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CO-3 voters tell county clerk they're being harassed to cure ballots

The Pueblo County Clerk said one young voter told him the calls and door knocks are too much, and she may not vote in the future.

PUEBLO COUNTY, Colo. — Voters are telling the Pueblo County Clerk and Recorder that national groups are harassing them to fix issues with their ballots so they can be counted in the close race for Colorado's 3rd Congressional District. 

Pueblo County Clerk Gilbert "Bo" Ortiz said one young voter told him the calls and door knocks are too much, and she may not want to vote in the future. 

"They are in a frenzy that is created by this close vote," Ortiz said. 

RELATED: US House race between Lauren Boebert, Adam Frisch is still extremely tight

In October, the Colorado Secretary of State's Office appointed someone else to supervise the election in Pueblo County, citing numerous errors by Ortiz.

A week after the election, the race is on to get every vote counted in the district, which includes parts of western and southern Colorado. Some voters are getting nonstop calls.

"They feel like they are being ostracized or put out because their signature didn't match and now they are being harassed to get their signature cured," Ortiz said. 

As of Friday, 369 voters in Pueblo County could still fix – or cure – their ballots. 

RELATED: What is ballot curing, and how does it work?

"As soon as they call them they are asking them, 'How did you vote? Did you vote for Boebert or Frisch?'" Ortiz said. "If it is not the candidate they want, they hang up with them."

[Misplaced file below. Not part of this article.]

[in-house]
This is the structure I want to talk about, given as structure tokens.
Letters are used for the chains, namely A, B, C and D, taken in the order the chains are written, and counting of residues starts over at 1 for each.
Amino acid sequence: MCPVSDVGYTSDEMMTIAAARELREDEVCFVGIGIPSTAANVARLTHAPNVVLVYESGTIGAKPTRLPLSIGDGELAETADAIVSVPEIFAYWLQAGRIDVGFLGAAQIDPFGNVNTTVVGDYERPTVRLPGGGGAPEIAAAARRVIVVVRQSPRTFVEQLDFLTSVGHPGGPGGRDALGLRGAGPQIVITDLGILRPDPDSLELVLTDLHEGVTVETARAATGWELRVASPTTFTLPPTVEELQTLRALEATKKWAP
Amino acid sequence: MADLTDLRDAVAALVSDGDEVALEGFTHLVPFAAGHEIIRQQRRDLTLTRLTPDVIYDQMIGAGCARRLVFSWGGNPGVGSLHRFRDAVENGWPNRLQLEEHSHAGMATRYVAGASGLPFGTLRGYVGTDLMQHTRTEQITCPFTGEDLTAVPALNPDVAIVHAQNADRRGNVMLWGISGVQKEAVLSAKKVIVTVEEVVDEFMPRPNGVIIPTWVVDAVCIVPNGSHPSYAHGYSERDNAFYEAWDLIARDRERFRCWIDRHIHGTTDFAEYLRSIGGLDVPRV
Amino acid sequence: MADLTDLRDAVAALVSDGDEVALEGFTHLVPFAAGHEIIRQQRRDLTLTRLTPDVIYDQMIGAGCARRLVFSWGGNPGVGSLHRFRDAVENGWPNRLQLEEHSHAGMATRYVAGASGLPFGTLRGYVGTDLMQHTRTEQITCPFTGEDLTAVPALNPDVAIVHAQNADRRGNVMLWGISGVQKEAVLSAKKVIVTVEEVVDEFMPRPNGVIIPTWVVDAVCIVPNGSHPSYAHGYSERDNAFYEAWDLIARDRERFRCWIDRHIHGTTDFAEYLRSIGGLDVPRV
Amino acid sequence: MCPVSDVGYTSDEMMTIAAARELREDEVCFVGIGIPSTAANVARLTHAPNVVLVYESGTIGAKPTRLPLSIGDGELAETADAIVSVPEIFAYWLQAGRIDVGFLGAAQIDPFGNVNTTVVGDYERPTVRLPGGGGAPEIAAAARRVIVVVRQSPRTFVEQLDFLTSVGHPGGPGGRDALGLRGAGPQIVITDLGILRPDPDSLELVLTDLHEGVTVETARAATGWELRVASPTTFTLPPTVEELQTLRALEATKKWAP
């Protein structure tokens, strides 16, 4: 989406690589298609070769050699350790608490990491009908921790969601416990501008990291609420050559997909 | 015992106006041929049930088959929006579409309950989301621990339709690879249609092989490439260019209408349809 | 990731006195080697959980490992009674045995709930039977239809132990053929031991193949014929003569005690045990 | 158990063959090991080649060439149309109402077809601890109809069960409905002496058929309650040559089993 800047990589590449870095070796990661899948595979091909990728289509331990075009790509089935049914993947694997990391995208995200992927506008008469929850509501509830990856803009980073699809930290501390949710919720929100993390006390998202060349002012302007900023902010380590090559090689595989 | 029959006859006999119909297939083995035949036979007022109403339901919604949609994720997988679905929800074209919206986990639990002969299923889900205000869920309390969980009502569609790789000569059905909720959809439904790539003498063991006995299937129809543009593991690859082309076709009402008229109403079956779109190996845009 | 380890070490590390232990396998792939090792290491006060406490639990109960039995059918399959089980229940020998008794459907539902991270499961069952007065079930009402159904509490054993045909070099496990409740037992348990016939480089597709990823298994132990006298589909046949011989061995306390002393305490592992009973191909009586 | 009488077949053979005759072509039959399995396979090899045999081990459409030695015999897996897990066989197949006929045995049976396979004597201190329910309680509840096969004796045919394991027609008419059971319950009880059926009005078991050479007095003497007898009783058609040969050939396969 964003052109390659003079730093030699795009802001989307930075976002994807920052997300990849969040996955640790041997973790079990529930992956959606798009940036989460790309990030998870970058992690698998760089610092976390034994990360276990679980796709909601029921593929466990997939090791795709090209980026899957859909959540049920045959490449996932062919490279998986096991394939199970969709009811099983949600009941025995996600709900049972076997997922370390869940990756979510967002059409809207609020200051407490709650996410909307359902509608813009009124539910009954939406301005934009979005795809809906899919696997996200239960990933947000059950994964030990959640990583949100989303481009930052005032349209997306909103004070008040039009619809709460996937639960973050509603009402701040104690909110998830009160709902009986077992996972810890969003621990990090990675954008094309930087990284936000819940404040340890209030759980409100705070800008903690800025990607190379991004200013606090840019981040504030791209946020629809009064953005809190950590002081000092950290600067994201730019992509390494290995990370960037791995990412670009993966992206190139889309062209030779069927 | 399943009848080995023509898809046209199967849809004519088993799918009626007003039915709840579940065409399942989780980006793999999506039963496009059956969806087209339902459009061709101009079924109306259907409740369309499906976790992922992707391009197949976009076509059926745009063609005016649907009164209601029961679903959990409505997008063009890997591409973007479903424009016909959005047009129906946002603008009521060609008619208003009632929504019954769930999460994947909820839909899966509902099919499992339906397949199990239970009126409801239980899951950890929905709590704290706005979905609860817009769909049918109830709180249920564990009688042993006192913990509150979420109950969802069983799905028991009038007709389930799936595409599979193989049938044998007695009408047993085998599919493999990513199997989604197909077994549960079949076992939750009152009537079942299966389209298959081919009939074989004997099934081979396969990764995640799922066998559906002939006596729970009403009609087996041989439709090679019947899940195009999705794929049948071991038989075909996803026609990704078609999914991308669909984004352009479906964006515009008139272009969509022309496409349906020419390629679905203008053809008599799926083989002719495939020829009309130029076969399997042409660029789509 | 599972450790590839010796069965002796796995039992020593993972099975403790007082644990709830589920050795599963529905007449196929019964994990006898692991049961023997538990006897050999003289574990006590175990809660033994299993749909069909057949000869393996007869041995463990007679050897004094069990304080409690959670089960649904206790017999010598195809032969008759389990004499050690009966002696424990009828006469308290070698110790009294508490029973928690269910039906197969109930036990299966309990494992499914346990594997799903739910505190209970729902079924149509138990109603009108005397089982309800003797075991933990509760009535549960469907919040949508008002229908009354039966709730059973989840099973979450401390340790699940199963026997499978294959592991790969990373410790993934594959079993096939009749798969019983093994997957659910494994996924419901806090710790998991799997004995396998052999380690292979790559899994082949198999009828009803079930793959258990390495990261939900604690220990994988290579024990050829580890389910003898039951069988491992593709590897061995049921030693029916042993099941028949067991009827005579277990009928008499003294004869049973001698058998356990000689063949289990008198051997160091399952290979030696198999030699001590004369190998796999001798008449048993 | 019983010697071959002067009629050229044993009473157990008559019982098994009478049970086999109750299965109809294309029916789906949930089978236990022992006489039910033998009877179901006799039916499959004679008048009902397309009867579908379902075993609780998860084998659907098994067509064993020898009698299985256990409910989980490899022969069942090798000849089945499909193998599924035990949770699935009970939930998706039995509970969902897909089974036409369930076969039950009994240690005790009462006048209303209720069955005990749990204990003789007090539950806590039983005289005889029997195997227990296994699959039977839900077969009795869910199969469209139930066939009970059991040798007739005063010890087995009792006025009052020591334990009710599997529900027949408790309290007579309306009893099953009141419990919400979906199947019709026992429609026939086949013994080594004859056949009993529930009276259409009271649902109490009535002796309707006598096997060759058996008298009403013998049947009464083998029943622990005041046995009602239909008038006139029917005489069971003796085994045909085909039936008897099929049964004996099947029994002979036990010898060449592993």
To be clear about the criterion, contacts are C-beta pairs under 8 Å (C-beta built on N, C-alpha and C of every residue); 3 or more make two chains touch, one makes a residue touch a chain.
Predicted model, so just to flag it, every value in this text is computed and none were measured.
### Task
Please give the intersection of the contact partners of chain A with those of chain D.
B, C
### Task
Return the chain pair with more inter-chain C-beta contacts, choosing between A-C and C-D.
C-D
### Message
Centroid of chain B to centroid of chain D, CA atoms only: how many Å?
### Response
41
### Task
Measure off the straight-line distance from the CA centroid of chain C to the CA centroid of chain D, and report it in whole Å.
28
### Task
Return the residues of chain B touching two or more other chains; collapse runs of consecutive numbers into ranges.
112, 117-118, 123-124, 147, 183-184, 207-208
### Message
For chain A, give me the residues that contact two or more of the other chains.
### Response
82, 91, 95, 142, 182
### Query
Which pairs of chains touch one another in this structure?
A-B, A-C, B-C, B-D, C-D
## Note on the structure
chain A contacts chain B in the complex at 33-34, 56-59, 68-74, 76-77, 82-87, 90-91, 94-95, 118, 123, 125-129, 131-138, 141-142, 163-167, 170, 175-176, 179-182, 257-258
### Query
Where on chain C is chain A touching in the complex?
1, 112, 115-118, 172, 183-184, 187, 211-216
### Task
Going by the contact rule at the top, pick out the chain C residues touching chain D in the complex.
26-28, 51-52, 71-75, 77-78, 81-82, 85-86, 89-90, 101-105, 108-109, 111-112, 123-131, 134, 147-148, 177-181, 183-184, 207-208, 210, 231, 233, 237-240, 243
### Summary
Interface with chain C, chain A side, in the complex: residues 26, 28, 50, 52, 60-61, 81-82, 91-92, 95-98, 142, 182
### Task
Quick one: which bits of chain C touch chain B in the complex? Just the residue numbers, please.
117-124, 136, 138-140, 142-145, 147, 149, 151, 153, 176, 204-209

Republican candidate Lauren Boebert and Democratic candidate Adam Frisch are separated by 1,122 votes as of Friday. Voters have until the end of the business day Wednesday to cure their ballots. 

"A person showed up at someone's house twice in two days knocking on their door asking if they could get their ballot cured," Ortiz said. "We want your ballot to count. We want every vote on that ballot to count and we want you to be able to do that without being harassed."

RELATED: With race against Lauren Boebert undecided, Adam Frisch attends House orientation

Ortiz is worried the frenzy to count every vote may be too much. 

"My concern is are they turning voters off from voting in future elections by being rude," Ortiz said.

Campaigns can contact voters to get them to cure their ballots. However, knowing a voter's party affiliation doesn't tell the campaign who they voted for. It's possible that helping a voter fix their ballot could give a vote to the candidate's opponent.

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